We are not aware of any analytical models suitable for prediction of the observed extension change and dynamics at the buckling transition. Mechanical rod models should be extendable to explain DNA supercoiling. Goyal et al. formulated a nonlinear dynamic rod model which shows an abrupt buckling followed by subsequent formation of a plectoneme in a macroscopic rod [22], a prediction that bears much resemblance to our measurements.

The highly dynamic nature of a twisted DNA molecule at the buckling transition may have important biological consequences in vivo. The specific supercoiling density (0.00–0.10) and applied force (1.0–3.5 pN) are well within the range commonly experienced by DNA in the cell. If a DNA molecule is subject to moderate stresses, distant elements on the sequence may transiently be brought into contact, which may facilitate the binding of DNA looping proteins or transcription factors [23]. The rapid formation and loss of these transient loops could therefore greatly reduce the search time needed for a protein to find two spatially separated sequence elements on the template.

Direct measurements of DNA torsional response lays an important foundation for the understanding of many biological processes that are regulated by torque. For example, topoisomerases are known to mediate linking numbers in DNA by sensing torsional stress in the DNA [24,25]. RNA polymerases as well as other groove-tracking enzymes are expected to rotate about the DNA helical axis [26,27], and would thereby generate and move against positive torque in the downstream DNA. We anticipate major progress in these areas with the advent of a number of biophysical techniques (including the one presented here) to measure and control the rotation of microscopic particles [6,8,28,29]. The angular optical trap, with its wide bandwidth, high spatial resolution, and ability to simultaneously measure force and torque, should prove to be a valuable tool to understand these highly kinetic and mechanical processes.

Supplementary Material

Auxialiary Materials


We thank members of the Wang lab for critical reading of the manuscript, L. Bai, J. Jing, and D. S. Johnson for helpful advice on DNA template designs, and J. F. Marko, D. Bensimon, V. Croquette, and N. H. Dekker for helpful discussions. M. D. W. wishes to acknowledge support from NSF Grant (No. DMR-0517349), NIH Grant (No. R01 GM059849), the Keck Foundation, and the Cornell Nanobiotechnology Center.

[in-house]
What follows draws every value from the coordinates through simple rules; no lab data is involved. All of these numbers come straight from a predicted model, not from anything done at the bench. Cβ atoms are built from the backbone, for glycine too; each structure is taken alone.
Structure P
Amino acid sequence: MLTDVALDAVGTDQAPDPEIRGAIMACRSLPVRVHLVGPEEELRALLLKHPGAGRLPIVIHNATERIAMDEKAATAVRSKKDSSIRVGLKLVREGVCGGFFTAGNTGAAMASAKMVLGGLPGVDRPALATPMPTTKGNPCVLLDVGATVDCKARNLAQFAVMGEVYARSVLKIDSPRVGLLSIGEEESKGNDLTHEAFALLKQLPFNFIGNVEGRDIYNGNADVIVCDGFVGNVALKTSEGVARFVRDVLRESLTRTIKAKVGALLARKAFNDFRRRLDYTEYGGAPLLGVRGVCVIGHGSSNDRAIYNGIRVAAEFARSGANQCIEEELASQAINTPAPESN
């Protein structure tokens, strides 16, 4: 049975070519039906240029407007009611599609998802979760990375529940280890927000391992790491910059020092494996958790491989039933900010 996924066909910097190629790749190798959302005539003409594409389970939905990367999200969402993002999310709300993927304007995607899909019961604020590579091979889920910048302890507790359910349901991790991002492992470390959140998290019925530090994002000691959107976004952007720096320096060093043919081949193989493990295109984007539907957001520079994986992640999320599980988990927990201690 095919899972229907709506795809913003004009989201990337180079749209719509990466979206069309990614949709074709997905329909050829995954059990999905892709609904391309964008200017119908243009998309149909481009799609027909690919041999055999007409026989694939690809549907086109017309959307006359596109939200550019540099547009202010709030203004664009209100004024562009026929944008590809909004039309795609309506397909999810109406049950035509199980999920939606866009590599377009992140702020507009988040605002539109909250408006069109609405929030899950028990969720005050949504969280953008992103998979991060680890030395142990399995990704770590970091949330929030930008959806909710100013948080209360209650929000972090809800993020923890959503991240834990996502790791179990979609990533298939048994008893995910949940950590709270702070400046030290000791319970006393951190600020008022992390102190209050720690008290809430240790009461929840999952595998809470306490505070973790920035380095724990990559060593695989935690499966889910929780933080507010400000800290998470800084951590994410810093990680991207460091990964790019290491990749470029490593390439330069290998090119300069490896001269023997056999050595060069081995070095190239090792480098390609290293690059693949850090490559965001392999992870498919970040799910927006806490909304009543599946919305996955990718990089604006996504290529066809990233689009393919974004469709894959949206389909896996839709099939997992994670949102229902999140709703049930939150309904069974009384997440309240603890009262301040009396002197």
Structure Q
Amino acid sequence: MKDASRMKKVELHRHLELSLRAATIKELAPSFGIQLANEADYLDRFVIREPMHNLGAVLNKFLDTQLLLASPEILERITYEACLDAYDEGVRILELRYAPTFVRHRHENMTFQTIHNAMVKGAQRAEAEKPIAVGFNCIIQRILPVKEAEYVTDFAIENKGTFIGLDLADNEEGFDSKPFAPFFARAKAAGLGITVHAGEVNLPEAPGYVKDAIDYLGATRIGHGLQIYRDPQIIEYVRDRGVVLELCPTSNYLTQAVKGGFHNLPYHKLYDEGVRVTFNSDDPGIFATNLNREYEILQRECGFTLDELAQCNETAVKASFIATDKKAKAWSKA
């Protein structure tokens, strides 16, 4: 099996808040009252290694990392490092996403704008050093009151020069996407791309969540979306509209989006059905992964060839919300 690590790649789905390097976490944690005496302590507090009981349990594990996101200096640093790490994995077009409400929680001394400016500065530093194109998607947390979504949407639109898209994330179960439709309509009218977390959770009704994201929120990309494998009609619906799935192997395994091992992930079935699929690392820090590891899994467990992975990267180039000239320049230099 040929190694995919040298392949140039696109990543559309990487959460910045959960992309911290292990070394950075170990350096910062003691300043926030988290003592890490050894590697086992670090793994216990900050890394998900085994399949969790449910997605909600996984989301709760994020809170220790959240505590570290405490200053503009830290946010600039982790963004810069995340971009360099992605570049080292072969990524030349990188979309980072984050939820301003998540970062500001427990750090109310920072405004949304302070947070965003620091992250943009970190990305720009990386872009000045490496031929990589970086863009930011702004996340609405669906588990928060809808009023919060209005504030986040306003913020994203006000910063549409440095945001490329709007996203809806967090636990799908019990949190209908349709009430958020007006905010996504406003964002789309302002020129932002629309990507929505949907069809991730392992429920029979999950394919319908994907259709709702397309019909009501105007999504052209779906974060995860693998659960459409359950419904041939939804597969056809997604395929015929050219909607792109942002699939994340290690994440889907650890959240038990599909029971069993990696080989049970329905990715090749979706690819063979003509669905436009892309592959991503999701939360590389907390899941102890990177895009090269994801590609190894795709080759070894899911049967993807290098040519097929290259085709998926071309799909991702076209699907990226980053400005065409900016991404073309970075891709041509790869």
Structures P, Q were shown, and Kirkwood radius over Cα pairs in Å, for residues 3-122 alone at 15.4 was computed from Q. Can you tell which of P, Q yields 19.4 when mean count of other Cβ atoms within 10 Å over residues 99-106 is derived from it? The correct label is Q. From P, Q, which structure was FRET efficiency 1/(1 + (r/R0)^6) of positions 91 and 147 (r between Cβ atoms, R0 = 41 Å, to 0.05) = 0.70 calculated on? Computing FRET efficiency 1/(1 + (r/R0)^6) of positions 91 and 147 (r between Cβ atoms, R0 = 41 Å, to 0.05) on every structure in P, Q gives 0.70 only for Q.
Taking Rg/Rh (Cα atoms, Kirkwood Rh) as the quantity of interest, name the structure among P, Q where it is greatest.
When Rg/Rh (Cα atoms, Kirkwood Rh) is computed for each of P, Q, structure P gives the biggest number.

1. Wang MD, et al. Biophys J. 1997;72:1335. [PubMed]
2. Smith SB, Finzi L, Bustamante C. Science. 1992;258:1122. [PubMed]
3. Strick T, Allemand JF, Bensimon D, Bensimon A, Croquette V. Science. 1996;271:1835. [PubMed]
4. Crut A, et al. Proc Natl Acad Sci USA. 2007;104:11 957. [PubMed]
5. Leger JF, et al. Phys Rev Lett. 1999;83:1066.
6. Bryant Z, et al. Nature (London) 2003;424:338. [PubMed]
7. LaPorta A, Wang MD. Phys Rev Lett. 2004;92:190801. [PubMed]
8. Deufel C, et al. Nat Meth. 2007;4:223. [PubMed]
9. Bishop AI, et al. Phys Rev A. 2003;68:033802.
10. Deufel C, Wang MD. Biophys J. 2005;90:657. [PubMed]
11. See auxiliary material [21] on reversibility of overwinding DNA.
12. Strick T, et al. Rep Prog Phys. 2003;66:1.
13. Moroz JD, Nelson P. Proc Natl Acad Sci USA. 1997;94:14 418. [PubMed]
14. Horowitz DS, Wang JC. J Mol Biol. 1984;173:75. [PubMed]
15. Selvin P, et al. Science. 1992;255:82. [PubMed]
16. Strick T, Bensimon D, Croquette V. Genetica (The Hague) 1999;106:57. [PubMed]
17. Marko J. Phys Rev E. 2007;76:021926. [PubMed]
18. Bouchiat C, Mezard M. Phys Rev Lett. 1998;80:1556.
19. Purohit PK, Nelson PC. Phys Rev E. 2007;75:039903.
20. Vologodskii A, et al. J Mol Biol. 1992;227:1224. [PubMed]
21. See EPAPS Document No. E-PRLTAO-100-046814 for auxiliary text on predictions by the Marko model and an auxiliary figure on reversibility of overwinding DNA. For more information on EPAPS, see
22. Goyal S, et al. Int J Non-Linear Mech. 2008;43:65.
23. Nelson P. Proc Natl Acad Sci USA. 1999;96:14 342. [PubMed]
24. Koster DA, et al. Nature (London) 2005;434:671. [PubMed]
25. Strick T, Bensimon D, Croquette V. Nature (London) 2000;404:901. [PubMed]
26. Harada Y, et al. Nature (London) 2001;409:113. [PubMed]
27. Revyakin A, et al. Science. 2006;314:1139. [PMC free article] [PubMed]
28. Bishop AI, et al. Phys Rev Lett. 2004;92:198104. [PubMed]
29. Oroszi L, et al. Phys Rev Lett. 2006;97:058301. [PubMed]